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© Comac/Xu Bingnan

At 6:52 on May 14, 2022, the C919 large aircraft numbered B-001J took off from the fourth runway of Pudong Airport and landed safely at 9:54, marking the first aircraft that COMAC will deliver to its first customer. The first flight test of the C919 large aircraft was successfully completed.

The Comac C919 is a narrow-body airliner developed by Chinese aircraft manufacturer Comac. The development program was launched in 2008. Production of the prototype began in December 2011, with the first prototype being ready on 2 November 2015 and having its maiden flight on 5 May 2017

The aircraft, is powered by either CFM International LEAP or ACAE CJ-1000A turbofan engines, and be able to carry 156 to 168 passengers in a normal operating configuration up to 5,555 km.

The aircraft received between $49-$72 billion in state subsidies.

The C919 was built with US and European help. Only 14 of the aircraft’s 82 suppliers are Chinese, according to aviation experts.

Since 2019, six C919s have carried out flight tests in Shanghai, Yanliang, Dongying and Nanchang, and carried out a series of ground tests and flight tests. In November, 2020, the aircraft obtained the Type Inspection Authorization (TIA), and officially entered into authority certification flight tests.

The C919 large passenger aircraft system represents the key task for China to independently develop trunk passenger aircraft.

Wu Yongliang, the vice general manager of COMAC, said at the beginning of the year that the C919 project is still in the airworthiness certification stage and is expected to be delivered in 2022.

After signing a contract to purchase the aircraft last year, China Eastern Airlines, which counts the Chinese government as its major shareholder, disclosed on May 10 this year that the total amount of funds it plans to raise will not exceed 15 billion yuan ($2.2 billion), of which 10.5 billion yuan will be used to introduce 38 aircraft including four C919s. According to the announcement of China Eastern Airlines, the unit prices of domestic C919 aircraft and ARJ21-700 aircraft are $99 million and $38 million respectively – far lower than imported aircraft made by Airbus and Boeing, which have a unit price of about $300 million.

Zhang Chao, deputy director of the AVIC Securities Research Institute, said that all six test C919 large passenger aircraft have made their first flight, and it is expected that the first delivery will be completed in 2022, batch delivery will be realized in 2023, and the annual output of 50 aircraft will be achieved in 2025.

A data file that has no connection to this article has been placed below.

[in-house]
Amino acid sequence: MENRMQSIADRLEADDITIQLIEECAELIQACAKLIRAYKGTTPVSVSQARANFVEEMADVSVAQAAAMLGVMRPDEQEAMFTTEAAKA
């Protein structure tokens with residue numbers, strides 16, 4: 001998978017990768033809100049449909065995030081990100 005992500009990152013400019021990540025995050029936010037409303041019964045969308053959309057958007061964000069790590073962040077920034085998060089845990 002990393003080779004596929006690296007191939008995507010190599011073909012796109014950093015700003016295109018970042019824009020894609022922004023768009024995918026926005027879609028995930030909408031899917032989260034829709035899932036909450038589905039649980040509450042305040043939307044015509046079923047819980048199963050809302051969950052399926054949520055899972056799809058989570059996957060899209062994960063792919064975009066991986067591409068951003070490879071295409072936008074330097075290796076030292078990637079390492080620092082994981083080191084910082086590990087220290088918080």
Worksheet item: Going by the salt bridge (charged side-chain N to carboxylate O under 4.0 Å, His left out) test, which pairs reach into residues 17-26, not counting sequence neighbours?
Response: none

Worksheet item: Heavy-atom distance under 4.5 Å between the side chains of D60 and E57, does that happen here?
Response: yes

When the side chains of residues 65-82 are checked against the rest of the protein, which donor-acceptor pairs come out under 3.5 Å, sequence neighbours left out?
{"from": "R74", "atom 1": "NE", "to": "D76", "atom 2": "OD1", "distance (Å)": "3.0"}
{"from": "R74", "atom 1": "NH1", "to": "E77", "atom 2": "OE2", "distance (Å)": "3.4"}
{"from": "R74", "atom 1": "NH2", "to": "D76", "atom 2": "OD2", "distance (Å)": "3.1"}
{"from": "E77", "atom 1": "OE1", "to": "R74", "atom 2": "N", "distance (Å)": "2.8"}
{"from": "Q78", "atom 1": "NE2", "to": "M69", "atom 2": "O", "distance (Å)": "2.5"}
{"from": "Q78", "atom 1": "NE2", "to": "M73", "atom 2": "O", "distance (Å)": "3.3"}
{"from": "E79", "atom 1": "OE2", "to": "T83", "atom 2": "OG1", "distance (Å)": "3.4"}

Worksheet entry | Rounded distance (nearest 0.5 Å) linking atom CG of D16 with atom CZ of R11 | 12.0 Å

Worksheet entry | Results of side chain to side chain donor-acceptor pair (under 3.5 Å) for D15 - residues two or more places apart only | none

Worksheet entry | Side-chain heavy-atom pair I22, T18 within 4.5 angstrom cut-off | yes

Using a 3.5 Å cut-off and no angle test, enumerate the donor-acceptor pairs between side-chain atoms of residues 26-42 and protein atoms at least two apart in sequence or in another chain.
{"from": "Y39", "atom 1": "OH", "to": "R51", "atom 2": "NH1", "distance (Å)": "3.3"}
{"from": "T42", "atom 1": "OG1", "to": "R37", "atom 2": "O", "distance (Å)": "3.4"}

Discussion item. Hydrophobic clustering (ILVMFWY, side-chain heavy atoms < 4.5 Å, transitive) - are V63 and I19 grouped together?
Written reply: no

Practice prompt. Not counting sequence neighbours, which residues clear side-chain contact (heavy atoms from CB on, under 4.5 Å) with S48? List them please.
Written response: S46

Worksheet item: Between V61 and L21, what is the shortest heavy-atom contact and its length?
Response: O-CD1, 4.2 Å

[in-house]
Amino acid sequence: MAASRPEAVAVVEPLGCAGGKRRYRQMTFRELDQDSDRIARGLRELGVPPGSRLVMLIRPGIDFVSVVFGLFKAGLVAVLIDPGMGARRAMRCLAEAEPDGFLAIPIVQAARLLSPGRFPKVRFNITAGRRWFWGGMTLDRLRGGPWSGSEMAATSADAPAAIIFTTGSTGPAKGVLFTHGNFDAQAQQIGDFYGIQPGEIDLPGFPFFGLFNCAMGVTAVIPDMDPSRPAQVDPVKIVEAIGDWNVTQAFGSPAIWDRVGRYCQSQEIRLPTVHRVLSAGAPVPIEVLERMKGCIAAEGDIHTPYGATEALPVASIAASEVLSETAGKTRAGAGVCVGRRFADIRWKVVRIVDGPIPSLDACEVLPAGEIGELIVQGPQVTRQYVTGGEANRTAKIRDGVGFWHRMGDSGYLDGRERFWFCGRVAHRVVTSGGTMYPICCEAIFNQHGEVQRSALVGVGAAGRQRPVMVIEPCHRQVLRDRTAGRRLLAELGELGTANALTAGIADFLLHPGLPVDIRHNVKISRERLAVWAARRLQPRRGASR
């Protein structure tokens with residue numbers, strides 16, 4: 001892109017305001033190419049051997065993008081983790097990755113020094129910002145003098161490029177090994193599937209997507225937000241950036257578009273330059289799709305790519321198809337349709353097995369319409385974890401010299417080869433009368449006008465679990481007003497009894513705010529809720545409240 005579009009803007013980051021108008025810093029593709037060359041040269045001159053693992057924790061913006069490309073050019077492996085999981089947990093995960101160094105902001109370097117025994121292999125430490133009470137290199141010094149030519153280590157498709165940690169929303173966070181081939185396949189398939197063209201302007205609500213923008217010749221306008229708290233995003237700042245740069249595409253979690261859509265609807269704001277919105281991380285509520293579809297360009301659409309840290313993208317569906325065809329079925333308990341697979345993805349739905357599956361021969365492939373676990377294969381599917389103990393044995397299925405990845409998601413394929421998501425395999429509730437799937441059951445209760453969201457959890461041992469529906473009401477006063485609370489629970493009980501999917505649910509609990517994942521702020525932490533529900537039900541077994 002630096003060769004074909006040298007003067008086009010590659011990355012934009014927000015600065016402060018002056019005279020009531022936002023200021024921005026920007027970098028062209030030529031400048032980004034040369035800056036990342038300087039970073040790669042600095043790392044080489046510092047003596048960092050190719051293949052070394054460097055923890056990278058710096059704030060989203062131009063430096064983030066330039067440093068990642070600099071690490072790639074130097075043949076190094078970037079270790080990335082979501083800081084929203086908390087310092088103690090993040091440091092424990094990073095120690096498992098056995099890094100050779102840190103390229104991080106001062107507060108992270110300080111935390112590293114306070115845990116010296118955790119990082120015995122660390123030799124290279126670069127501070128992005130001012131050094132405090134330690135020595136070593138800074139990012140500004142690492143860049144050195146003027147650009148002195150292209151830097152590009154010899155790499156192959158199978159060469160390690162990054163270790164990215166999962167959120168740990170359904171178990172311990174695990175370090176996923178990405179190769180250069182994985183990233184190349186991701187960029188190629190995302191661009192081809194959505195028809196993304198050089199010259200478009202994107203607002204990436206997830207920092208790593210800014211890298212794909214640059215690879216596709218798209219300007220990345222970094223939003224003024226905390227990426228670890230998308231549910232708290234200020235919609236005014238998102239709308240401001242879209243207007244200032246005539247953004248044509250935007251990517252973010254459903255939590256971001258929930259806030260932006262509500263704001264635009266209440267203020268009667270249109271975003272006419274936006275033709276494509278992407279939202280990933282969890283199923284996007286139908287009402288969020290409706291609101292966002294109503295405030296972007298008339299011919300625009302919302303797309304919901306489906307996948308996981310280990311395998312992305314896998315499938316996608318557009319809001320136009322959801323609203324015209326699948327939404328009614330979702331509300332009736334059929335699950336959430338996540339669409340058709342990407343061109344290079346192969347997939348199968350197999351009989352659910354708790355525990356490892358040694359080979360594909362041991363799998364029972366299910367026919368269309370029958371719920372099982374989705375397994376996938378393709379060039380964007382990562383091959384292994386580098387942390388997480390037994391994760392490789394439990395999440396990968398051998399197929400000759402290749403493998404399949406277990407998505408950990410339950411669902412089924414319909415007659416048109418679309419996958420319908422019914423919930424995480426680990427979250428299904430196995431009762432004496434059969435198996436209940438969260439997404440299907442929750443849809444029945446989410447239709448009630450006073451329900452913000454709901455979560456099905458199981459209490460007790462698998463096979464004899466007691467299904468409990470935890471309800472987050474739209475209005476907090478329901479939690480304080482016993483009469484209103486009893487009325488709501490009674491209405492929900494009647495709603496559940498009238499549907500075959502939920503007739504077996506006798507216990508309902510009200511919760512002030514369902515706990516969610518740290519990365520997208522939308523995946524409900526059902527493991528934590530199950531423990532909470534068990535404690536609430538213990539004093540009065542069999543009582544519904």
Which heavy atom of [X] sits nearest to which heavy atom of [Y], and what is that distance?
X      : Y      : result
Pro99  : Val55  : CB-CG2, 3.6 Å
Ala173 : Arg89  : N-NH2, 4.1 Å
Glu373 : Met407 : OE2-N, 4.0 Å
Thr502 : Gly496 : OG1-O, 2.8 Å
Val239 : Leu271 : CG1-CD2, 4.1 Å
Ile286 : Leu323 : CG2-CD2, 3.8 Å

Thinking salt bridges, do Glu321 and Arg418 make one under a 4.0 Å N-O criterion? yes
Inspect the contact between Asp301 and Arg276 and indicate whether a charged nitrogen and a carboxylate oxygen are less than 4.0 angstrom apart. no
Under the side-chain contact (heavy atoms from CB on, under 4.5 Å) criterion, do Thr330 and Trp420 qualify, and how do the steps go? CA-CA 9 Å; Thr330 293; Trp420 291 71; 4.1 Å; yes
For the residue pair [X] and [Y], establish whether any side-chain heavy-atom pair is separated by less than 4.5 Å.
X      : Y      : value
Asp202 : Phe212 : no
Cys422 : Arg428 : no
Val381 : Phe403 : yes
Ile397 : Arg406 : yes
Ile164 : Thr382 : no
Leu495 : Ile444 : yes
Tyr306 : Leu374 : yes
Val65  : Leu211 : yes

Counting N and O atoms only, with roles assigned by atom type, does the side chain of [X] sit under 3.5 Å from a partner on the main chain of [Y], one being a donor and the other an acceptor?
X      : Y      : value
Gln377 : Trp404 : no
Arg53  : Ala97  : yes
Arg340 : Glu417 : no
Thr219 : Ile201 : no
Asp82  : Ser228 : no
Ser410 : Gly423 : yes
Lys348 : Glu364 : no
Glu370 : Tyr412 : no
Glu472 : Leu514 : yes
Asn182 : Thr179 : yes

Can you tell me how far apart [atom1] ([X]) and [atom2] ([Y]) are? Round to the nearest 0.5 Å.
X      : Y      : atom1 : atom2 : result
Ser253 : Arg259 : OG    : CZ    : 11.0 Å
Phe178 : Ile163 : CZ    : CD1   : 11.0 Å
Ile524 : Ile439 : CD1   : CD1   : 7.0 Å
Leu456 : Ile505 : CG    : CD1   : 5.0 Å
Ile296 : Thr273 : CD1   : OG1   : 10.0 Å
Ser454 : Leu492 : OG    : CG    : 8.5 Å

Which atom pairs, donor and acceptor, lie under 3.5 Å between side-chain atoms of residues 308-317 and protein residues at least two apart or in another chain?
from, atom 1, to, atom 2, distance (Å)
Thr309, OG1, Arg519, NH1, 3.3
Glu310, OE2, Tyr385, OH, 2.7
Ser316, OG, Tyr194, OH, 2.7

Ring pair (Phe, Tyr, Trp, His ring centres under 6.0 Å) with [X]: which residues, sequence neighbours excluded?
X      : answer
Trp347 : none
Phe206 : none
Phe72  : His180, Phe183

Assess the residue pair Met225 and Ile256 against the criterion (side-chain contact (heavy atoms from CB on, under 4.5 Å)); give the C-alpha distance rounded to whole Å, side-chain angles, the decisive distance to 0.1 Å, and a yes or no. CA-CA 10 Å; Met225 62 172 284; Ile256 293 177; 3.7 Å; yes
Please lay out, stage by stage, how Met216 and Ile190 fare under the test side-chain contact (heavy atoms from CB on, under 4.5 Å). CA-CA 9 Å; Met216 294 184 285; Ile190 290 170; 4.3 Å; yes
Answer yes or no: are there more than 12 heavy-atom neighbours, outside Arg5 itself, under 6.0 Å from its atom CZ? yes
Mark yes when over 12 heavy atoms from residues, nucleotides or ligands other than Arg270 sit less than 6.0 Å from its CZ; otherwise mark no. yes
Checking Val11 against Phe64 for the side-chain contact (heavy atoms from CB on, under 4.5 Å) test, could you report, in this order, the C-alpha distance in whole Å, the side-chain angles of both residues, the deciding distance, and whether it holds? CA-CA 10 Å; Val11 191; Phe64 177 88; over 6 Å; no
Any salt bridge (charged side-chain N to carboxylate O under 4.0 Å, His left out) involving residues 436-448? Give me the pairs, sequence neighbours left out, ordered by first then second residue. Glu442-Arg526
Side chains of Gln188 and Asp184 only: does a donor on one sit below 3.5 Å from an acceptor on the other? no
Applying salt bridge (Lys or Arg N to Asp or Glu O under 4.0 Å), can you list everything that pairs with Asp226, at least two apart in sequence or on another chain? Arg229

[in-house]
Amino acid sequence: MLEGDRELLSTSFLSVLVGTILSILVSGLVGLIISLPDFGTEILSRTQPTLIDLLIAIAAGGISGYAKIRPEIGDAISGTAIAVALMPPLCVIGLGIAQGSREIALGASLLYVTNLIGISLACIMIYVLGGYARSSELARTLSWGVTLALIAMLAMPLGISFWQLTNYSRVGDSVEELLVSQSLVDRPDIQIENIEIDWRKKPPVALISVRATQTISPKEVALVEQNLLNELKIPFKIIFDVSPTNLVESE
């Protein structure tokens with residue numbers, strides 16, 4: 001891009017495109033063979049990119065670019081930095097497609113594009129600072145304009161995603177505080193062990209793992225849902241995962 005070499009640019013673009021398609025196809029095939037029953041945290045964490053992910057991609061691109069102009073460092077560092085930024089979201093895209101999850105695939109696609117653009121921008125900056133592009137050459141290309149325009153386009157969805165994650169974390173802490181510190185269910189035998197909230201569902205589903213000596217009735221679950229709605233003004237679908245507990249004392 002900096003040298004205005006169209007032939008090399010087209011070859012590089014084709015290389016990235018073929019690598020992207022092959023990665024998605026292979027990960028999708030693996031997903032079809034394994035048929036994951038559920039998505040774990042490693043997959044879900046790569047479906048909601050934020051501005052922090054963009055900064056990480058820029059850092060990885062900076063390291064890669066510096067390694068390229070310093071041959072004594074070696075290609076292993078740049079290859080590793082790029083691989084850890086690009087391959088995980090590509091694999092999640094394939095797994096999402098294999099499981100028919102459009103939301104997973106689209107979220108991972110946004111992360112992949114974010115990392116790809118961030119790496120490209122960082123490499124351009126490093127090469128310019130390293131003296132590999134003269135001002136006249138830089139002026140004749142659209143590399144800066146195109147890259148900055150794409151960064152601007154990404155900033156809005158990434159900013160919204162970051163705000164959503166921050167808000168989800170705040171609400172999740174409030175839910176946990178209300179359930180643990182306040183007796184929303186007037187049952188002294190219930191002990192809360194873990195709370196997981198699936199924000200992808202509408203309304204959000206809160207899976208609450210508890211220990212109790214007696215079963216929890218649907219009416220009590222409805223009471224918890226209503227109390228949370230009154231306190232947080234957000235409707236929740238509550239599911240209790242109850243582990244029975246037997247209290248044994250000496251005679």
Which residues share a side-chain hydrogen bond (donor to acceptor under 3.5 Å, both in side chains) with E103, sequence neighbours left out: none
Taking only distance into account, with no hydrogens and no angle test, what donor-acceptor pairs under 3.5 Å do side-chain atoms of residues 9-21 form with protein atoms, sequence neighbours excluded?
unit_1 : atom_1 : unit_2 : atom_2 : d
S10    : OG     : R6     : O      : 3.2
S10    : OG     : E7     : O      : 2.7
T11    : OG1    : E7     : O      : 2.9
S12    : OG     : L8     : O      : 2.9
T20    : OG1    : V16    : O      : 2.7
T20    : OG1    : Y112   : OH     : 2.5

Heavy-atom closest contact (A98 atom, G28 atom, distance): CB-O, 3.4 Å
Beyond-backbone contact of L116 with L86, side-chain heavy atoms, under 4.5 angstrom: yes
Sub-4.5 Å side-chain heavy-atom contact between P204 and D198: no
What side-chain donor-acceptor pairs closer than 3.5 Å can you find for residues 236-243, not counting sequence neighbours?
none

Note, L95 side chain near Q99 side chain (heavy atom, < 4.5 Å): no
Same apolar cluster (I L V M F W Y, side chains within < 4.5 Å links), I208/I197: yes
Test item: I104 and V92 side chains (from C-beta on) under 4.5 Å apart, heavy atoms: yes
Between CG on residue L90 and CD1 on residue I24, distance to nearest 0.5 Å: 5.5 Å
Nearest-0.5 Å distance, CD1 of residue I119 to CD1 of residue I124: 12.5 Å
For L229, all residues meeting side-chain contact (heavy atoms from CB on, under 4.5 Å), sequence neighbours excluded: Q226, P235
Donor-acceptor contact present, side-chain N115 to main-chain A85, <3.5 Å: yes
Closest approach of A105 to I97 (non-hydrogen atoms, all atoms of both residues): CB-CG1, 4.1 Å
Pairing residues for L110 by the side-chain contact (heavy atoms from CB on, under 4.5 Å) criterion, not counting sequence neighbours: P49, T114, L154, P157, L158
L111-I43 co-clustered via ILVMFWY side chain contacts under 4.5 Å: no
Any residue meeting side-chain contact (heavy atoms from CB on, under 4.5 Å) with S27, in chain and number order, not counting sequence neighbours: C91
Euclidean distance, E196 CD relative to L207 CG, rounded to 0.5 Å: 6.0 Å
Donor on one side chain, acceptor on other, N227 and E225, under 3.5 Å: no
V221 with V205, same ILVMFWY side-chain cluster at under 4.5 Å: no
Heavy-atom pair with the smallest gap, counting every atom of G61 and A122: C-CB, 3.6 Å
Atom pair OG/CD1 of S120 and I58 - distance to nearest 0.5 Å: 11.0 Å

Success of the C919 is vital to both China’s technological development and its domestic aviation market.



The Council has decided to prolong the framework for restrictive measures against cyber-attacks threatening the EU and its member states for a further three years, until 18 May 2025.

This framework allows the EU to impose targeted restrictive measures on persons or entities involved in cyber-attacks which cause a significant impact, and constitute an external threat to the EU or its member states. Restrictive measures can also be imposed in response to cyber-attacks against third states or international organisations where such measures are considered necessary to achieve the objectives of the Common Foreign and Security Policy (CFSP).

Sanctions currently apply to eight individuals and four entities, and include an asset freeze and a travel ban. Additionally, EU persons and entities are forbidden from making funds available to those listed. These individual listings will continue to be reviewed every 12 months.

The decision to prolong the restrictive measures for three years shows the strong EU’s commitment to enhance its resilience and ability to prevent, discourage, deter and respond to cyber threats and malicious cyber activities in order to safeguard European security and interests.


In June 2017, the EU established a Framework for a Joint EU Diplomatic Response to Malicious Cyber Activities (the “cyber diplomacy toolbox”). The framework allows the EU and its member states to use all CFSP measures, including restrictive measures if necessary, to prevent, discourage, deter and respond to malicious cyber activities targeting the integrity and security of the EU and its member states.

The EU framework for restrictive measures against cyber-attacks threatening the EU and its member states was set up in May 2019.